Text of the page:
Yes, we absolutely do view this as being on the right side of history. It is disappointing and puzzling to see some of the black churches supporting this discriminatory legislation. During the civil rights movement the "mixing of the races" was viewed as against God's law in many churches. Pastors no longer preach anti bi-racial marriage messages from the pulpit. It is very disappointing that Black Americans refuse to correlate today's problems of gays and lesbians with their own past. The right for two people to marry is a civil right, plain and simple.

Same-sex-marriage proponents employ a "commitment" definition of marriage, which sees marriage merely as society's way of giving its stamp of approval to an intimate, lasting relationship between two individuals. If this is all marriage is about, giving gays and lesbians the right to marry each other is merely extending to homosexuals a right that heterosexuals already have. It's a simple matter of justice. People who hold the commitment definition of marriage see themselves as an enlightened vanguard and reason that other folks will eventually come to accept same-sex marriage, just as they came to see the injustice of racial discrimination. But most Minnesotans don't see the marriage debate as a replay of Selma, Ala., in 1965. They understand the nature and purpose of marriage very differently than same-sex-marriage advocates do. Marriage -- the union of one man and one woman -- is about much more than individual rights, with only the happiness of two individuals at stake. It's a universal, cross-cultural social institution that is critical to the common good.

"Simply a matter of justice" is EXACTLY what this is. However, don't we as a society want to encourage commitment and monogamy? An intimate, loving, lasting, relationship between two individuals is a perfect definition for any marriage. If only our young people were given more examples of intimate, loving, lasting relationships among BOTH hetrosexual and homosexual marriages, we'd be a more solid society. Infidelity, promiscuity, and abuse within marriages is what is most damaging to the social institution of marriage. It is not WHO is in the marriage that is critical, it is HOW those in the marriage conduct their relationship that is important to the future of the institution of marriage in our society. If future generations see marriage as hypocritical and irrelevant, then marriage will not continue to thrive as a cultural institution.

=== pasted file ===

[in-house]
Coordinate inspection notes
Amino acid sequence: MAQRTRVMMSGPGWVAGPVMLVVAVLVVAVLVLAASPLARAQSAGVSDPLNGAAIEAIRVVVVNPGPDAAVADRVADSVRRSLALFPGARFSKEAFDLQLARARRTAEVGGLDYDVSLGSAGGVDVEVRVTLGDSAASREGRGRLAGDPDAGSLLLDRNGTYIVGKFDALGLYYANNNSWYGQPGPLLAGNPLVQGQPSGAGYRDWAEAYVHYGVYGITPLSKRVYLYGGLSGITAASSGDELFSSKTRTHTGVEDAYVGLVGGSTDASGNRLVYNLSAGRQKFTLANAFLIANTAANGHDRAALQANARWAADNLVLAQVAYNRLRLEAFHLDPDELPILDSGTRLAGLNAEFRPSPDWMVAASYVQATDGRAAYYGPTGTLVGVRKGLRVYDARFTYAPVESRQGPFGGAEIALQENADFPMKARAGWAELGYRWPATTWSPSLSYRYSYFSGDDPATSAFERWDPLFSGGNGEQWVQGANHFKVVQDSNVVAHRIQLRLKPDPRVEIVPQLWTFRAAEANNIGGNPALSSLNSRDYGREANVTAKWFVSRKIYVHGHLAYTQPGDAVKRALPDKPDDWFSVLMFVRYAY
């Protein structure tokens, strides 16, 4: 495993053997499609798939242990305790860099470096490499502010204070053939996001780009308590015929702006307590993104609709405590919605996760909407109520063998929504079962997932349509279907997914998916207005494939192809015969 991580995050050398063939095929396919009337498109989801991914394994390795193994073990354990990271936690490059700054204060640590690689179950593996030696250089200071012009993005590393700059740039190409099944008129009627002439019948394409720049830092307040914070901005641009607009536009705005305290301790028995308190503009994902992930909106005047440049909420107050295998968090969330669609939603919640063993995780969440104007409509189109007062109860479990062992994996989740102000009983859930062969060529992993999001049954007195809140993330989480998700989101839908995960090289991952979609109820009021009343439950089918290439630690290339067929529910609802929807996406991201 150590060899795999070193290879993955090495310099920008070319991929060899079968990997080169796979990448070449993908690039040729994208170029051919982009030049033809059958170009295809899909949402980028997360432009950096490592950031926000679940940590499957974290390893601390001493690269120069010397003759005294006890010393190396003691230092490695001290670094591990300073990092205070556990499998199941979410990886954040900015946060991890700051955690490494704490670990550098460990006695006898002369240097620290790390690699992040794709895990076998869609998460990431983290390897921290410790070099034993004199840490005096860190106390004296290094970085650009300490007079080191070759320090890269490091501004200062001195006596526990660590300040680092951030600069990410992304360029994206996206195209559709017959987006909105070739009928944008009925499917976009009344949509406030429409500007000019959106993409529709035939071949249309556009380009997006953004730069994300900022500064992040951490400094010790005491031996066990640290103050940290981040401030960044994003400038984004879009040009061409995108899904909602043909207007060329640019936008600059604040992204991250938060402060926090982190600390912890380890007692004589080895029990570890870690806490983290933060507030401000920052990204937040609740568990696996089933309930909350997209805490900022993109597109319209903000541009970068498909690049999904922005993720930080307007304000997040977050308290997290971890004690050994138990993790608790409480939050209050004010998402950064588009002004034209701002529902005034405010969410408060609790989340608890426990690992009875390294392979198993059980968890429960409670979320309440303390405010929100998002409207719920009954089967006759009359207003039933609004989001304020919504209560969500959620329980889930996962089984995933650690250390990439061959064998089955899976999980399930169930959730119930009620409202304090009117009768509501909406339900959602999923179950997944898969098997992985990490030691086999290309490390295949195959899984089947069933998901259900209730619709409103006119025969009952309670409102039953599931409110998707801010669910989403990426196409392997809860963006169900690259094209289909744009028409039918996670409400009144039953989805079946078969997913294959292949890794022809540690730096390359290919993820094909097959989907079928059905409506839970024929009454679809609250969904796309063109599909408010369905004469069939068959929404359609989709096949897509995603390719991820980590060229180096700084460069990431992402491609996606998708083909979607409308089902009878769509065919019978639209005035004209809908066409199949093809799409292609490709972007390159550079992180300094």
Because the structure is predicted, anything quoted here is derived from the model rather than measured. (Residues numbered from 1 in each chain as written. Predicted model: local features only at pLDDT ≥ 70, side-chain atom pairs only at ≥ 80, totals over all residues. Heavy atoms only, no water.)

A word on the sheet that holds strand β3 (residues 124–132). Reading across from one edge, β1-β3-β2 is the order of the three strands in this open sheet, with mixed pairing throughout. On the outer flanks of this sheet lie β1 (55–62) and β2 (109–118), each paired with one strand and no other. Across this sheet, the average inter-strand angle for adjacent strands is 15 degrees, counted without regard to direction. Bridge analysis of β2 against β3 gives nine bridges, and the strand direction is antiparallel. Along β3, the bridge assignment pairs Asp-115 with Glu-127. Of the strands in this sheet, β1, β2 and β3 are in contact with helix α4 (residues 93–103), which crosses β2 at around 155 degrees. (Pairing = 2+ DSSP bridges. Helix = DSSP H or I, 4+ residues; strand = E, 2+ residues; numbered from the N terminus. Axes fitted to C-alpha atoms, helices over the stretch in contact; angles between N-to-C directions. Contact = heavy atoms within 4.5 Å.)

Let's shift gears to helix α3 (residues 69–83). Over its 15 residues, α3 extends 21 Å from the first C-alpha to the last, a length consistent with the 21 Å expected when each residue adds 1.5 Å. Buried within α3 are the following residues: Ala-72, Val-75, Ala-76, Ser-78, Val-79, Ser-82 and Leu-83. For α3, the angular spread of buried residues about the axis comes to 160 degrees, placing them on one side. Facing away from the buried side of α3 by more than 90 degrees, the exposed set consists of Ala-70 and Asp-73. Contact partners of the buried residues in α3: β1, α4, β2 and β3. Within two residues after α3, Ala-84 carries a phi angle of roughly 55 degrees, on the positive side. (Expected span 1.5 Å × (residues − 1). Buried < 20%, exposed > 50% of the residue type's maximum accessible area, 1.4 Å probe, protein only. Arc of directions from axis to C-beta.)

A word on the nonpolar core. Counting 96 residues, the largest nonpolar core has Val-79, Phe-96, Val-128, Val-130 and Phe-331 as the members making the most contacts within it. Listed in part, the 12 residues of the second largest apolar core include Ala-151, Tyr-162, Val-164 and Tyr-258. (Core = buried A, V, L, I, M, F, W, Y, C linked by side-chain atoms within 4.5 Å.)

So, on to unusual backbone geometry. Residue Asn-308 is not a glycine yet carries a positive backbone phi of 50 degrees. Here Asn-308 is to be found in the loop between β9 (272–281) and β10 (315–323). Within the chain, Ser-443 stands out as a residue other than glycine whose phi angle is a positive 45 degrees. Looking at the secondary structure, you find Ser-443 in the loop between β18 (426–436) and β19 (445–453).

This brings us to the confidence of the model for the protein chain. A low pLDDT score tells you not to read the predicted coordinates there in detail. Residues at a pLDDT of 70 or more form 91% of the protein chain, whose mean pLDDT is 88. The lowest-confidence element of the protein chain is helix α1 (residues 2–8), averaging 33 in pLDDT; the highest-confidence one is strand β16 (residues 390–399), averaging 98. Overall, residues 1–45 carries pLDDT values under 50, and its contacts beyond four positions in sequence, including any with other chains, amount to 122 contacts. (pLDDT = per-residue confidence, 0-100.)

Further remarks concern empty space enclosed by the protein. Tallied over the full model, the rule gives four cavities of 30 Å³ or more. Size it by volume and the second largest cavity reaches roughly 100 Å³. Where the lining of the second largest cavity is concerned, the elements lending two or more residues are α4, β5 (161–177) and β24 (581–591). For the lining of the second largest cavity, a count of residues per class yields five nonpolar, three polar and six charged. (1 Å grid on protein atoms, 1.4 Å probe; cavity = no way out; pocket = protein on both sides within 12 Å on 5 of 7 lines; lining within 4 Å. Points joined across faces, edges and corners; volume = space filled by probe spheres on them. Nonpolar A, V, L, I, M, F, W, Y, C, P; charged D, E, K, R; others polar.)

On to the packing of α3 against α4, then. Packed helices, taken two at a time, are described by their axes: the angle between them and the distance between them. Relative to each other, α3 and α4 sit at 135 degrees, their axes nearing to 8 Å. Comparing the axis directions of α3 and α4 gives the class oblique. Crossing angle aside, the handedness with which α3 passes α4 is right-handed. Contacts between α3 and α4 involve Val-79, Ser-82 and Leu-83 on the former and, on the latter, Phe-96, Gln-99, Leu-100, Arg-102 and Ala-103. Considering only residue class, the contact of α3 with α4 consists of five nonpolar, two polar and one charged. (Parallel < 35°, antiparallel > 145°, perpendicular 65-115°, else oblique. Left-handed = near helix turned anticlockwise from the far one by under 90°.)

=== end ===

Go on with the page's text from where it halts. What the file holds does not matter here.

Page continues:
Why does marriage exist? Because sex between men and women makes babies: the next generation. Getting men and women to stay together to raise these children is a tricky business, but the long-term survival of society depends on it.

Sex between men and women for the purpose of making babies does not depend on marriage. Infertility and the adoption option have made it possible for many couples to be parents. Babies are conceived out of wedlock all the time--which sparks a whole different debate! Couples bear children in wedlock and then discard the marriage relationship when the going gets tough far too often. With 50% divorce rates and complicated family units of 2 and 3 marriages, one has to wonder how same-sex unions can be any more complicated. If tolerance for love and committment between any two people is allowed to flourish, society gains much more than broken homes can accomplish.